Ventromedial hypothalamic lesions impair glucoregulation in response to endotoxin

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Abstract

The purpose of the present study was to determine the role of the ventromedial hypothalamus (VMH) in regulating counter-regulatory hormone release and the increase in glucose flux that is observed after injection of endotoxin [lipopolysaccharide (LPS)]. Bilateral lesions of the VMH were produced electrolytically 2 wk before the experiment; sham-operated rats served as controls. [3-3H]glucose was infused to assess whole body glucose flux before and for 4 h after intravenous injection of Escherichia coli LPS. In control rats, LPS increased the plasma concentrations of glucose and lactate and the rates of glucose appearance and disappearance. In these animals, LPS also produced sustained elevations in corticosterone, glucagon, and catecholamines. In contrast, the glucose metabolic response to LPS was attenuated by >50% in VMH-lesioned rats. These changes were associated with a blunted increase in the plasma concentration of glucagon, epinephrine, and norepinephrine in VMH-lesioned rats compared with control animals. There was no difference in the plasma concentrations of corticosterone or TNF-α between the two groups after LPS or the responsiveness of sham- and VMH- lesioned rats to an infusion of either glucagon or epinephrine. These data indicate that the VMH plays a central role in regulating the secretion of glucagon and catecholamines and the stimulation of glucose flux after LPS.

Original languageEnglish (US)
JournalAmerican Journal of Physiology - Regulatory Integrative and Comparative Physiology
Volume272
Issue number5 41-5
StatePublished - Jun 19 1997

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Endotoxins
Lipopolysaccharides
Hypothalamus
Glucose
Glucagon
Corticosterone
Epinephrine
Catecholamines
Intravenous Injections
Lactic Acid
Norepinephrine
Hormones
Escherichia coli
Injections

All Science Journal Classification (ASJC) codes

  • Physiology
  • Physiology (medical)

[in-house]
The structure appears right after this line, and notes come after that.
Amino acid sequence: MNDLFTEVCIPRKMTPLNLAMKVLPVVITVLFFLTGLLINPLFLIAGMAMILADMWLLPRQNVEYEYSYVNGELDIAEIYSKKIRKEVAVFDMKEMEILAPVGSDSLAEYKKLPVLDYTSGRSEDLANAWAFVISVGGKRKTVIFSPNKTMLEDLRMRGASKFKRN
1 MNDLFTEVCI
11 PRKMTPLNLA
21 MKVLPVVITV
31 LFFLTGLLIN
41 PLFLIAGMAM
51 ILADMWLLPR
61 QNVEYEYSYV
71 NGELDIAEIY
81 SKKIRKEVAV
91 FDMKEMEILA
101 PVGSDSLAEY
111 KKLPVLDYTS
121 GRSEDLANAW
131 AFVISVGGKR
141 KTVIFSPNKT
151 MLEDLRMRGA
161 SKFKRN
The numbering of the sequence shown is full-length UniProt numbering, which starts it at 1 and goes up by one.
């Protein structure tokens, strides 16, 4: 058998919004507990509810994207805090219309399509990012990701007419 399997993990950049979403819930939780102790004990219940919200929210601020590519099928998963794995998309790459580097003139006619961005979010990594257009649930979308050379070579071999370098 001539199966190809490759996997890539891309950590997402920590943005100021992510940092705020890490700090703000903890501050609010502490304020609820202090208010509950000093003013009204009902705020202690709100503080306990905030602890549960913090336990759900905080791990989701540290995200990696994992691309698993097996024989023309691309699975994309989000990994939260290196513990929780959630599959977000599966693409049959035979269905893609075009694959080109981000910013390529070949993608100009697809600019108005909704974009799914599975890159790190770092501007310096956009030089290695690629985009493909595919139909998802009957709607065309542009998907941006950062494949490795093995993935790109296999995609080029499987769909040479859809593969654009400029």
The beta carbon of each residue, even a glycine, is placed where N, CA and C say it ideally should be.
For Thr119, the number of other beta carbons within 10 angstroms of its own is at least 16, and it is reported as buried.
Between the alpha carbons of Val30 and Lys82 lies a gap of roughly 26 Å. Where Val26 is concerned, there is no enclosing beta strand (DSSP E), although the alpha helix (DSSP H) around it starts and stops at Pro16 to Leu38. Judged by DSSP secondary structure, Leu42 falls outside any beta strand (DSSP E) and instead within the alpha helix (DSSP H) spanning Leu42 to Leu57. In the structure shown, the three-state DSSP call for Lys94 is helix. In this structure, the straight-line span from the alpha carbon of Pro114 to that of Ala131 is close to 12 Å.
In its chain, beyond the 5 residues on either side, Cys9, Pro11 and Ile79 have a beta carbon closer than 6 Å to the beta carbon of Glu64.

Cite this

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title = "Ventromedial hypothalamic lesions impair glucoregulation in response to endotoxin",
abstract = "The purpose of the present study was to determine the role of the ventromedial hypothalamus (VMH) in regulating counter-regulatory hormone release and the increase in glucose flux that is observed after injection of endotoxin [lipopolysaccharide (LPS)]. Bilateral lesions of the VMH were produced electrolytically 2 wk before the experiment; sham-operated rats served as controls. [3-3H]glucose was infused to assess whole body glucose flux before and for 4 h after intravenous injection of Escherichia coli LPS. In control rats, LPS increased the plasma concentrations of glucose and lactate and the rates of glucose appearance and disappearance. In these animals, LPS also produced sustained elevations in corticosterone, glucagon, and catecholamines. In contrast, the glucose metabolic response to LPS was attenuated by >50{\%} in VMH-lesioned rats. These changes were associated with a blunted increase in the plasma concentration of glucagon, epinephrine, and norepinephrine in VMH-lesioned rats compared with control animals. There was no difference in the plasma concentrations of corticosterone or TNF-α between the two groups after LPS or the responsiveness of sham- and VMH- lesioned rats to an infusion of either glucagon or epinephrine. These data indicate that the VMH plays a central role in regulating the secretion of glucagon and catecholamines and the stimulation of glucose flux after LPS.",